AdWords Experts Share the Secrets of Their PPC Success, Part 4


This is the fourth in a series of interviews we're conducting with AdWords advertisers who got unusually high scores using our AdWords Performance Grader. We're reaching out to high scorers to find out what strategies contribute to their strong AdWords performance. For more in this series, see:

This week’s interview is with David Semprun. David is a Digital Marketing Specialist at Priority Pass, the world’s largest airport VIP lounge access program. Follow him on Twitter at @semprund or visit his website,

Tell us a bit about yourself. How long have you been using AdWords? Are you an Agency or an Advertiser?

I’ve been managing PPC accounts for about two years now. I’m Google AdWords certified and a Microsoft adExcellence Certified Professional. At Priority Pass, I’m responsible for the USA/Canada and Latin America markets in both English and Spanish. Since working here, I’ve been able to improve overall PPC performance while increasing ROI to more than 900%.

What is your primary goal for AdWords marketing?

My primary goal is to generate income for the company, so I focus on maximizing conversions while reducing costs. My goal is to make PPC profitable enough to justify the amount spent on advertising, creating an excellent return on investment.

There are tons of metrics in AdWords – what are your top three key performance metrics in AdWords and why?

Conversions: I have a goal conversion amount for each month and I focus on doing my best to exceed that amount by making any necessary adjustments during the month.

CPA: In order to make PPC profitable, I have a maximum CPA amount which is 25% of our lowest product price, that way I make sure I maintain an ROI of at least 400%.

CTR: I always keep an eye on click-through rate, because that allows me to gauge the relevancy of my ad groups, ad copy and keywords. It will also help me to identify areas of improvement in terms of Quality Scores and CPC.

Can you describe your AdWords management strategy? How do you set your campaign objectives, and how do you know what’s realistic or not?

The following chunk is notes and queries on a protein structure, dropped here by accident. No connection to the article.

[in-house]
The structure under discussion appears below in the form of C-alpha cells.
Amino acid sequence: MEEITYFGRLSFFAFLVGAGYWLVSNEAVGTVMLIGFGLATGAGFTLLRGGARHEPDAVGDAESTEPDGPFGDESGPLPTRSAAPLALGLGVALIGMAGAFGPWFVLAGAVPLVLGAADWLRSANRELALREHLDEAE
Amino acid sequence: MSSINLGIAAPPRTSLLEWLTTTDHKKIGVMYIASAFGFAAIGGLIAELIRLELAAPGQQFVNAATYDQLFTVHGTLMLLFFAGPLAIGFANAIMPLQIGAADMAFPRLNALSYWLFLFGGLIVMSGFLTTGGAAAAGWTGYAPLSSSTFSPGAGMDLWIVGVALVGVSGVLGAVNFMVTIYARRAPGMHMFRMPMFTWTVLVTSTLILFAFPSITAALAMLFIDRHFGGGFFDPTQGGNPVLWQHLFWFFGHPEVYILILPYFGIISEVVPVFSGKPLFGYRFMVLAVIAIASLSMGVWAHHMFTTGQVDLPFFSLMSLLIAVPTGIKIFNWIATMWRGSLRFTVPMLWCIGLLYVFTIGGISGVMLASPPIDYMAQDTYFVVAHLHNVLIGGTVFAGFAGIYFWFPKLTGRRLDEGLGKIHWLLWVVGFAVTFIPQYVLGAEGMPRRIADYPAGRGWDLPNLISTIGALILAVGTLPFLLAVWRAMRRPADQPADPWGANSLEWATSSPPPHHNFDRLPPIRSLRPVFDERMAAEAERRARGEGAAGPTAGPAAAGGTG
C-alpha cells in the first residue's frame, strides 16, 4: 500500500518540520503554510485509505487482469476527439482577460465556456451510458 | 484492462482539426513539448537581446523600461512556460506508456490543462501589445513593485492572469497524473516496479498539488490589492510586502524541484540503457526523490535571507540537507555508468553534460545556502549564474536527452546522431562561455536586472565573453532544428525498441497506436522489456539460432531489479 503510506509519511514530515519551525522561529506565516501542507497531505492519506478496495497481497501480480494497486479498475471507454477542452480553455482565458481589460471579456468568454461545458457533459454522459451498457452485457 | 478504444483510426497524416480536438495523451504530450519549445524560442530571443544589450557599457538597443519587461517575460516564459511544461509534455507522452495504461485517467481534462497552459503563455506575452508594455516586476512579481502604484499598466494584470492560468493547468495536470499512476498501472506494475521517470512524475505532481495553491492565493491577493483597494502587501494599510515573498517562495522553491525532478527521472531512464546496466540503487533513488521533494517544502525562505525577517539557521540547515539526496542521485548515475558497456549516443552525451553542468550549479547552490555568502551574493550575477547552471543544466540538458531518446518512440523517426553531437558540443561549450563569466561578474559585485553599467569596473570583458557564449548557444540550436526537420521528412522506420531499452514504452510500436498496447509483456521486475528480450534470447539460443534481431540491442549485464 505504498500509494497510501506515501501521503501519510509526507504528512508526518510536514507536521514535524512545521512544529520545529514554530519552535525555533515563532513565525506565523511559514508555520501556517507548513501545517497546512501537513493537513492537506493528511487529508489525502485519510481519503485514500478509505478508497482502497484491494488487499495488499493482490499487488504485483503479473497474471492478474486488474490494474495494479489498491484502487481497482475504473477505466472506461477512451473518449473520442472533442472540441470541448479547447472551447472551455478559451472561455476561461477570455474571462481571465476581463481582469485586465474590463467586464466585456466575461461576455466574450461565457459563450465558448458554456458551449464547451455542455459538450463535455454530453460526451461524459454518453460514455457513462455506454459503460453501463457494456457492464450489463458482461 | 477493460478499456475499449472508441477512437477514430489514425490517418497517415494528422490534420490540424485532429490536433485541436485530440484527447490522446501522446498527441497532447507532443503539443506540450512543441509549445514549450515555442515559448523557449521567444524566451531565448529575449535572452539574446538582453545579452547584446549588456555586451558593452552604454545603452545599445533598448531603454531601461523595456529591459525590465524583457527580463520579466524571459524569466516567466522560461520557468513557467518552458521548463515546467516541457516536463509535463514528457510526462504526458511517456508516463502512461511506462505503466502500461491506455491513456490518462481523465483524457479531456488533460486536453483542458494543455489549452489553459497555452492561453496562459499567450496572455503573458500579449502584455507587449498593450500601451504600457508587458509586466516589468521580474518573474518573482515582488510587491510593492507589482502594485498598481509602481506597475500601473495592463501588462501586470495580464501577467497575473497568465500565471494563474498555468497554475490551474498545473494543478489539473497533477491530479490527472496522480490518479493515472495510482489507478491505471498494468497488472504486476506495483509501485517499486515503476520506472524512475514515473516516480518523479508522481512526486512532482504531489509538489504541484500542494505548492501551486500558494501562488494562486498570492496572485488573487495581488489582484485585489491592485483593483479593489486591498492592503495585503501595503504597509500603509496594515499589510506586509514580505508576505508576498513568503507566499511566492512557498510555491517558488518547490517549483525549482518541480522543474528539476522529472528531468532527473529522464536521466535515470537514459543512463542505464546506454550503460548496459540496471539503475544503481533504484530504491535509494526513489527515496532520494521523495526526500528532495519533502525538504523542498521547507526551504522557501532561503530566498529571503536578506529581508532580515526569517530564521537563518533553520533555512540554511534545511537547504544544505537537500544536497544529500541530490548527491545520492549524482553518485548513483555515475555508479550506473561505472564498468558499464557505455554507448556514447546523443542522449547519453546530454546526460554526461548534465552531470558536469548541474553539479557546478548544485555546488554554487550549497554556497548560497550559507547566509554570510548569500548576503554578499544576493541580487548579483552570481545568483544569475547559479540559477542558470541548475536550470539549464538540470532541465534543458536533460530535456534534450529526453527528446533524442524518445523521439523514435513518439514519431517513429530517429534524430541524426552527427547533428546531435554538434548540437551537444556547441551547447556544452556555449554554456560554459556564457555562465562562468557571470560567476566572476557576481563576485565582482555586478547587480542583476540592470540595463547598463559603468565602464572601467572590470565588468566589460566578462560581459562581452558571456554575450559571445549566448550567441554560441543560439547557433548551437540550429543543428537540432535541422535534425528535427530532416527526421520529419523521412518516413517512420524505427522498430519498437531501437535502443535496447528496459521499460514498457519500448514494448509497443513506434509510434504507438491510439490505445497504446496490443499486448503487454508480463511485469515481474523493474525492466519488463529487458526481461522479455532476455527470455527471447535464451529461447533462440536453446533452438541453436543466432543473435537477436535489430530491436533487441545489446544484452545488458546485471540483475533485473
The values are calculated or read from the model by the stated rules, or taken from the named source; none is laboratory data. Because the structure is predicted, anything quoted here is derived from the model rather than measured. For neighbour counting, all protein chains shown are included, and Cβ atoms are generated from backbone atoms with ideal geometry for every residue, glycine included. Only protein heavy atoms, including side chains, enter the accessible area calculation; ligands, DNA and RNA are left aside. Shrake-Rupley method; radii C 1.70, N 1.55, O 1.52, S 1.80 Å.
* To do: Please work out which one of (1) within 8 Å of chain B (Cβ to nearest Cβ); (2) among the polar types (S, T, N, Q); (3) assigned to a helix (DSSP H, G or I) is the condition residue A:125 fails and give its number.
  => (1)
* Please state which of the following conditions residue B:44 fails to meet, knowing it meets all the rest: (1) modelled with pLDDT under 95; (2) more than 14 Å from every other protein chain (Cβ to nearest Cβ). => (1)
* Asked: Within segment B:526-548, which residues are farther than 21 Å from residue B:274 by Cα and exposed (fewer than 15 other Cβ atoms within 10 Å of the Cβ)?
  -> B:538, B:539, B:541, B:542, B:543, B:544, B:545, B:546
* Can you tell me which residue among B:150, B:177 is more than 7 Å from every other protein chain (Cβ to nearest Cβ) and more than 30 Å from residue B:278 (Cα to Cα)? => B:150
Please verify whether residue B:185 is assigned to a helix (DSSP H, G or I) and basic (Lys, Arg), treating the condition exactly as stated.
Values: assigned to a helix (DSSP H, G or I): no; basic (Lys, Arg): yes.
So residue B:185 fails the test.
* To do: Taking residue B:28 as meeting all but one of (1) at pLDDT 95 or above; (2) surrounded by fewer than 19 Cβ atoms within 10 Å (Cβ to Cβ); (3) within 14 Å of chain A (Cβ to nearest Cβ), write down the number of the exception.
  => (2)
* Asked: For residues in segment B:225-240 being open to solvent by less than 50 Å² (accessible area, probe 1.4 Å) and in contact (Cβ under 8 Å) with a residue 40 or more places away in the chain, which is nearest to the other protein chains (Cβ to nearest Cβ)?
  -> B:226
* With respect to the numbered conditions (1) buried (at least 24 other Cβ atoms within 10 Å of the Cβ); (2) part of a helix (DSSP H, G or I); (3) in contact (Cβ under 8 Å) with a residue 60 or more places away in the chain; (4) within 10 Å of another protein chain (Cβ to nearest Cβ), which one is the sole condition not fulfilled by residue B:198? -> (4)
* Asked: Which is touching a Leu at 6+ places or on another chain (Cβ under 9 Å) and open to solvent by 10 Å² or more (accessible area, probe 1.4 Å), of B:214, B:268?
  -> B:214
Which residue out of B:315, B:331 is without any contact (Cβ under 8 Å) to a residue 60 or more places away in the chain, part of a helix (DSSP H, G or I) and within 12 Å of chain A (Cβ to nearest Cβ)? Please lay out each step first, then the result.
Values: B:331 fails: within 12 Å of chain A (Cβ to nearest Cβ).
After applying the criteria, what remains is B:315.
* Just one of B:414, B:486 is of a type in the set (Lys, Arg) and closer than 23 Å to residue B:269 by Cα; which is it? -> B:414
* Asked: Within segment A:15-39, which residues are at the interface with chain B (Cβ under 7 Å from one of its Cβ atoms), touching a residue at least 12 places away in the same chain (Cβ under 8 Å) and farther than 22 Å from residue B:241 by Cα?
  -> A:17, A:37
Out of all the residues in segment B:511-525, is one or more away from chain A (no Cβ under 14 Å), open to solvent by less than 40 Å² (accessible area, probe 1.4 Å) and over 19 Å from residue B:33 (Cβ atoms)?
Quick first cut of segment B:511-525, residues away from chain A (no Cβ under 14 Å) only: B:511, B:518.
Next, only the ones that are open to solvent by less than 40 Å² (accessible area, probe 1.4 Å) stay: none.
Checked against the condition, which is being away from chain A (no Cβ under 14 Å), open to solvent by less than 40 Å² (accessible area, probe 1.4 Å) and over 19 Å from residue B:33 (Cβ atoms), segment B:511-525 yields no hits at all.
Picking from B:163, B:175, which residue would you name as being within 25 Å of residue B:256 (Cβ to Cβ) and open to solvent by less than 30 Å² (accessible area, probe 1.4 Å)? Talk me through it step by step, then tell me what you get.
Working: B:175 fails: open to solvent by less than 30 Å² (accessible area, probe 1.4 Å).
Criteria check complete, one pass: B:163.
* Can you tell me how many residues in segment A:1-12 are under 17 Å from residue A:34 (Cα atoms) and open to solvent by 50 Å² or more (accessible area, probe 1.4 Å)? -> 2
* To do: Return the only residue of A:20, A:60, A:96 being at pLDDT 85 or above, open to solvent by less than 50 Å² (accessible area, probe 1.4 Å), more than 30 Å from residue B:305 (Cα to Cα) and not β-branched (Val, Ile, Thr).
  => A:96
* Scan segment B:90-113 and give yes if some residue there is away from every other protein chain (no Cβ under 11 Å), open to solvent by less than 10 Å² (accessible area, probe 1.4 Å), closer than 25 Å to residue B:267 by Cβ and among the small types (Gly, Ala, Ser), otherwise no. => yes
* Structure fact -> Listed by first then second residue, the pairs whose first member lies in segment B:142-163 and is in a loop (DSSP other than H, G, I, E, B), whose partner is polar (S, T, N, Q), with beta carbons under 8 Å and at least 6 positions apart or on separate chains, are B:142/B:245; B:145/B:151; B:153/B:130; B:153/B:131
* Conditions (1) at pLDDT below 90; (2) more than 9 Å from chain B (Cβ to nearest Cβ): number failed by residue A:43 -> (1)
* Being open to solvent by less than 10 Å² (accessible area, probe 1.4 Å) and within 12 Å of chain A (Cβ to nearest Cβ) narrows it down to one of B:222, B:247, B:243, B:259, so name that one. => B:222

My objectives are based on the client/company’s expectations; I set up my campaigns to be as targeted as possible and wait a couple of months to have enough data to start optimizing. Based on the historical data, I try to come up with a strategy for improving the performance, always focusing on lowering the amount spent and increasing conversions.

My campaigns are always geo targeted and the ad groups only have a handful of keywords. This allows me to create highly targeted ad copy and improve Quality Scores.

Describe your AdWords management workflow. When you’re doing your account optimization work, how do you decide what to do next in your account? How do you prioritize your work? 

I’m always testing new strategies, creating new ad copy, changing landing pages, creating a special seasonal offer, etc. So basically I plan to implement a new strategy at least a month ahead and I usually begin on the first day of the month and that will help me to assess the results more accurately. 

Any other advice or tips for AdWords marketers that didn’t score as well as you? 

Forget about broad match keywords (unless your goal is to create brand awareness), these are where search networks make a lot of money and they’re going to deplete your budget in no time. Always try to use phrase and exact match but if you really need to use broad, please use modified broad match so you can have more control over your traffic.


Hannah Yarrow
Oct 25, 2011

Interesting thoughts. I like your focus on keeping 'PPC profitable enough to justify the amount spent on advertising, creating an excellent return on investment.'I think it's really important to remember this, rather than getting carried away with other factors, which while important are not as crucial as the bottom line ROI to the client.Thanks!

Elisa Gabbert
Oct 25, 2011

Thanks for your comment, Hannah! Yes, CTR, CPA, etc. can tell you all about what's going on in your account -- but in the end, it all comes down to ROI.

Feb 27, 2013

You say when you start campaigns you make them as targeted as possible and then wait a couple of months to look at the data and start optimizing.  So you don't touch it at all?  What about adding negative keywords in from search querries that may be unrelated?

Jul 03, 2013

Interesting points, however I would like to slightly disagree with your point of view about Braod Match keywords, Broad match keywords are very good, incase you are working in an industry where CPC of main keywords are very high. Broad match allow you to find very good long tail keywords with low CPC. However, very close monitoring is required while using Broad Match Keywords.

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